China’s Internet Crackdown – almost everything is “state secret”
Posted by Author on May 28, 2010
Phelim Kine, The Forbes, 05.27.10 –
Tighten the screws. That’s the Chinese government’s response to growing corporate discontent with China’s pervasive electronic censorship and surveillance system. Barely a month since Google pulled the plug on its China-based search engine, the Chinese government started demanding deeper corporate complicity with China’s security agencies.
On April 29 the Chinese government moved to impose a wider role for Internet and telecom firms in the country’s pervasive censorship and surveillance apparatus when China’s National People’s Congress Standing Committee approved an amendment to the revised draft Law of Guarding State Secrets, which will require Internet and telecom network operators to proactively monitor their networks for any content thatfalls within the definition of “state secrets.”
The problem is, almost anything can fall into that basket, and it is entirely at the whim of censoring officials what does. Although the draft revised law must be approved at the annual meeting of China’s legislature, it constitutes a palpable threat to Internet and telecom companies already leery of requirements to deepen their links with China’s security agencies.
The Chinese government has long classified state secrets extremely broadly, including information that is related to “economic and social development,” as well as a catch-all “other matters” category. National and local officials decide whether published materials are a state secret, and those determinations cannot be legally challenged. The amendment explicitly requires Internet and telecom operators to “cooperate with public security organs, state security agencies [and] prosecutors” on suspected cases of state secrets transmission and to cease that transmission, record it as evidence and then delete it from the public domain.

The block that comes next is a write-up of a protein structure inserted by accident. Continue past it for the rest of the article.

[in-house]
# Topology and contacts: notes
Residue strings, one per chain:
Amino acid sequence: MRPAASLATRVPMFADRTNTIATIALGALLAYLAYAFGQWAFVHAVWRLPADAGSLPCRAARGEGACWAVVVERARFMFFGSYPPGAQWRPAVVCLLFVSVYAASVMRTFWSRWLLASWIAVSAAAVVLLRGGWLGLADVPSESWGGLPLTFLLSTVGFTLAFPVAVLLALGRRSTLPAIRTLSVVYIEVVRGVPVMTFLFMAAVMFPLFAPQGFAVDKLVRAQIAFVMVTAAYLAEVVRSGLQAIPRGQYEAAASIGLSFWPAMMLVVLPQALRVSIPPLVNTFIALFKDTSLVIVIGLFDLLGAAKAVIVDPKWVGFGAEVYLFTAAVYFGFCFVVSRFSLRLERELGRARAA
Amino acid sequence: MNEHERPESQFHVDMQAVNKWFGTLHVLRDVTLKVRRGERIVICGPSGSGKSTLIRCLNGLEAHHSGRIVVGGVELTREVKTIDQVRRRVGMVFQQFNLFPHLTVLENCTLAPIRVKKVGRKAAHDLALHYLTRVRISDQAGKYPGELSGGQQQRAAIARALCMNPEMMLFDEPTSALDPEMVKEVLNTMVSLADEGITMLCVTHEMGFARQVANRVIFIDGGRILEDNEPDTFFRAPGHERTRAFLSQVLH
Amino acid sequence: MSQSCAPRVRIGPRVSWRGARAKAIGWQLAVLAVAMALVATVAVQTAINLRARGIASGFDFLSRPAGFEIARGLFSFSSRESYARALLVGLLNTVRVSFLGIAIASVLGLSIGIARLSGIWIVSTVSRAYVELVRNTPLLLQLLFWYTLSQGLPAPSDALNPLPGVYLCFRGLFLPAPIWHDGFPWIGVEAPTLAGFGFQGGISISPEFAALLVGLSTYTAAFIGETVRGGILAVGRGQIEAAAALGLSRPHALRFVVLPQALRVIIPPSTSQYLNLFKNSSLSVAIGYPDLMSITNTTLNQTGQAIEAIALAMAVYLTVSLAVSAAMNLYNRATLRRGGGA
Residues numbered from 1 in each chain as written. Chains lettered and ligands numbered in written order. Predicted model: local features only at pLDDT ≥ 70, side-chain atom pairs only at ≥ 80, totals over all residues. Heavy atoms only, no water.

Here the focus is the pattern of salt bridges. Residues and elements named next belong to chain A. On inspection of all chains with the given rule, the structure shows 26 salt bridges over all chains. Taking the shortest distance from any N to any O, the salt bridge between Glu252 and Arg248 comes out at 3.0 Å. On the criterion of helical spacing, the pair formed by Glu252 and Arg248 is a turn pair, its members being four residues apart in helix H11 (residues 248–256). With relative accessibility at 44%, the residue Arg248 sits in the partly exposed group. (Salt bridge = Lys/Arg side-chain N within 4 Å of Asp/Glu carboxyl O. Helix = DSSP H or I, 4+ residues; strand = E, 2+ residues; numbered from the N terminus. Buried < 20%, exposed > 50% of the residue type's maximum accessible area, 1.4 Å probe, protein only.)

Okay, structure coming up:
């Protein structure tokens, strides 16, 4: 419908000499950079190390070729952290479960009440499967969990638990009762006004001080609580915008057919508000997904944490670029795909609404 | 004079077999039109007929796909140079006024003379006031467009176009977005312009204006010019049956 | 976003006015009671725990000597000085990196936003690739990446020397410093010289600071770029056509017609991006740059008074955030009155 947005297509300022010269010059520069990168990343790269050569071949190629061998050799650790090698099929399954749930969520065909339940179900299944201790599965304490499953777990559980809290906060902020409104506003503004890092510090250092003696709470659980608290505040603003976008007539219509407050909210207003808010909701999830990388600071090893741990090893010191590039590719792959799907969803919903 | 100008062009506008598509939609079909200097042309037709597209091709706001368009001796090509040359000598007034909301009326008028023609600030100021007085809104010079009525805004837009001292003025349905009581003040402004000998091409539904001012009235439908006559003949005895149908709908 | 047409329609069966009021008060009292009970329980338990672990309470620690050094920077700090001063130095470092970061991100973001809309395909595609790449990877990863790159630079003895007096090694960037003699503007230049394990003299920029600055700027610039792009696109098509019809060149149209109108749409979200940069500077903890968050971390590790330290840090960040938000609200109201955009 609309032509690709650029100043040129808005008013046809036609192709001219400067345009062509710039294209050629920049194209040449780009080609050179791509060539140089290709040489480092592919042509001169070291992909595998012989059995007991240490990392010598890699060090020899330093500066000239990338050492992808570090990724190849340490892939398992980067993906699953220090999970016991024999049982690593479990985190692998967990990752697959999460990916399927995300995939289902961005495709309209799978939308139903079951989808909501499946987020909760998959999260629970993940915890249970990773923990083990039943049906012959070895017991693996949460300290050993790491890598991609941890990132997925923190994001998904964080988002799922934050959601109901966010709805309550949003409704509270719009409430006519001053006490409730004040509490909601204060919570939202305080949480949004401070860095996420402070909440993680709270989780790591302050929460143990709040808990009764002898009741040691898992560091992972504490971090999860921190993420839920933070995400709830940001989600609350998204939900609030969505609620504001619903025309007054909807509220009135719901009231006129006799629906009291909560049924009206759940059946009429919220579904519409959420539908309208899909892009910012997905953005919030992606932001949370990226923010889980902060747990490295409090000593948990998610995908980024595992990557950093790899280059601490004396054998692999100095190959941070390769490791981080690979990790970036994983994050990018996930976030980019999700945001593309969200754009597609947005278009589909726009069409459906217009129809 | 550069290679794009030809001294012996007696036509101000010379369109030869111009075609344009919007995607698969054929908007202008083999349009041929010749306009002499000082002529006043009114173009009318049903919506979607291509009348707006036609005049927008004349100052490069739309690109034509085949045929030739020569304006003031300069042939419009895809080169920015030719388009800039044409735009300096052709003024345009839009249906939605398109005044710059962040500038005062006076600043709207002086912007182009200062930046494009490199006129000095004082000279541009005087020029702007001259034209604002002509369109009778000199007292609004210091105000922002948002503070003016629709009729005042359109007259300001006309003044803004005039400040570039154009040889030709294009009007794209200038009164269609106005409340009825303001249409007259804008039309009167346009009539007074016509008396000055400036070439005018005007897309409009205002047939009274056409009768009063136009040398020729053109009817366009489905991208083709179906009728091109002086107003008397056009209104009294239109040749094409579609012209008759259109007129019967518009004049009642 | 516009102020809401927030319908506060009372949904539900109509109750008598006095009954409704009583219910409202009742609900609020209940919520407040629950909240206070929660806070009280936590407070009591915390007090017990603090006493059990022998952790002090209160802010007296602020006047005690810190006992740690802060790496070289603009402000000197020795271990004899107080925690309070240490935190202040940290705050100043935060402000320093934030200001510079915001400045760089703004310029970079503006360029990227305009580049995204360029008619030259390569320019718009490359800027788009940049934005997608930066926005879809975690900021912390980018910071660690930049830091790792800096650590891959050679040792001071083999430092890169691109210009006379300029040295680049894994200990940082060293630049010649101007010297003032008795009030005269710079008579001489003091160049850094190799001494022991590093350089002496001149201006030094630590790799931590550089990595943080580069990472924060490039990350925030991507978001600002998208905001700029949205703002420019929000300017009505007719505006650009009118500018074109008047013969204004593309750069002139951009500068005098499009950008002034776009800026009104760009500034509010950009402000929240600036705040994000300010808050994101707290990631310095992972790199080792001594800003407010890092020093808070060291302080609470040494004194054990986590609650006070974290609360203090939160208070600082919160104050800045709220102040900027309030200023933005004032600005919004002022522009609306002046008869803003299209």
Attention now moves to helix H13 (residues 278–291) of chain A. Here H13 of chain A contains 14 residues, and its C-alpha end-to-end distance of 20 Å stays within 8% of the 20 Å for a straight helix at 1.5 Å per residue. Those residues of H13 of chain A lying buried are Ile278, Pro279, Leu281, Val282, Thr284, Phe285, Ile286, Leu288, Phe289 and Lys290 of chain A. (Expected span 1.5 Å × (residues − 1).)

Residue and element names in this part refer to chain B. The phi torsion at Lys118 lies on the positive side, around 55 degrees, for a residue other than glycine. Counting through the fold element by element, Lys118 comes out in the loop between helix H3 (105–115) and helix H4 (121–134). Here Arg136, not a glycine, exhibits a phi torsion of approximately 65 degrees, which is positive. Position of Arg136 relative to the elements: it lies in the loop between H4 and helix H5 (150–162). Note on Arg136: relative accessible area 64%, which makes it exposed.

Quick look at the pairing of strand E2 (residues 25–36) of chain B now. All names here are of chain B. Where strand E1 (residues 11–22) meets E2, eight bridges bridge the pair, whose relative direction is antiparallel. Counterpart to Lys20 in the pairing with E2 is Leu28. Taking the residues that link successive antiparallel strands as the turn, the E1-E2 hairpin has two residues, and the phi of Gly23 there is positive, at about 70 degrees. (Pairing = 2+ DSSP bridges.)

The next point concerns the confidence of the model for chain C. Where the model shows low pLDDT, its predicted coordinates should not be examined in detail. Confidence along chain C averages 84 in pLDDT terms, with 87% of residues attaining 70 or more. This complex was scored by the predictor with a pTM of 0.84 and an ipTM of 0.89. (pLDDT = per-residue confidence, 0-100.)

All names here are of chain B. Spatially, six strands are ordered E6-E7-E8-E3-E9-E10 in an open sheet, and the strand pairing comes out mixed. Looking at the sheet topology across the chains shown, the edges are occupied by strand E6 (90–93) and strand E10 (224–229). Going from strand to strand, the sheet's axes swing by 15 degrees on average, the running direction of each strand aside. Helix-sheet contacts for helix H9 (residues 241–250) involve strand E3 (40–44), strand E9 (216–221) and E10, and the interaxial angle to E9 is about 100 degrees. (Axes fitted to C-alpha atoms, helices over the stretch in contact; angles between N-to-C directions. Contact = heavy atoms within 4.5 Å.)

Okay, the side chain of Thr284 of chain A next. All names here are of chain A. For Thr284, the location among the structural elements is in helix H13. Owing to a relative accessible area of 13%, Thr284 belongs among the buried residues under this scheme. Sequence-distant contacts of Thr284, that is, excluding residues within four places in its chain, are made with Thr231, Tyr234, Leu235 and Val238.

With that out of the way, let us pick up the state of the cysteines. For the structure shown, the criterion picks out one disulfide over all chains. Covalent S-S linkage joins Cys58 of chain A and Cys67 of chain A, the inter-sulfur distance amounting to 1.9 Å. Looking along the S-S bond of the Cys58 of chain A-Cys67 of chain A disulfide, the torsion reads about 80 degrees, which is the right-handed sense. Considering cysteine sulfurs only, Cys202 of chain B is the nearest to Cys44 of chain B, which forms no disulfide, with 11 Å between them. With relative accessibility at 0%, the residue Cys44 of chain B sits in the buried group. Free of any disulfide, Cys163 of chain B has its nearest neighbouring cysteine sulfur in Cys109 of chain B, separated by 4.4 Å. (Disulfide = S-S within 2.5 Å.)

The amendment spotlights fresh concerns about the ethical obligations of China’s remaining foreign Internet search engine operators, including Yahoo ( YHOO – news – people ) and Microsoft ( MSFT – news – people ). Unlike Google ( GOOG – news – people ), which ended its five years of complicity with Chinese censors in March 2010, those two firms continue to bend to official dictates to censor any searches on topics the Chinese government categorizes as “sensitive.” Those topics range from information about the June 1989 Tiananmen Massacre, Tibetan independence and the banned Falun Gong spiritual group to Chinese-language searches about China’s President Hu Jintao. …… (more details from The Forbes)
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This entry was posted on May 28, 2010 at 9:43 am and is filed under China, Freedom of Information, Human Rights, Internet, Law, Media, News, Politics, Social, Technology, World. You can follow any responses to this entry through the RSS 2.0 feed. Both comments and pings are currently closed.
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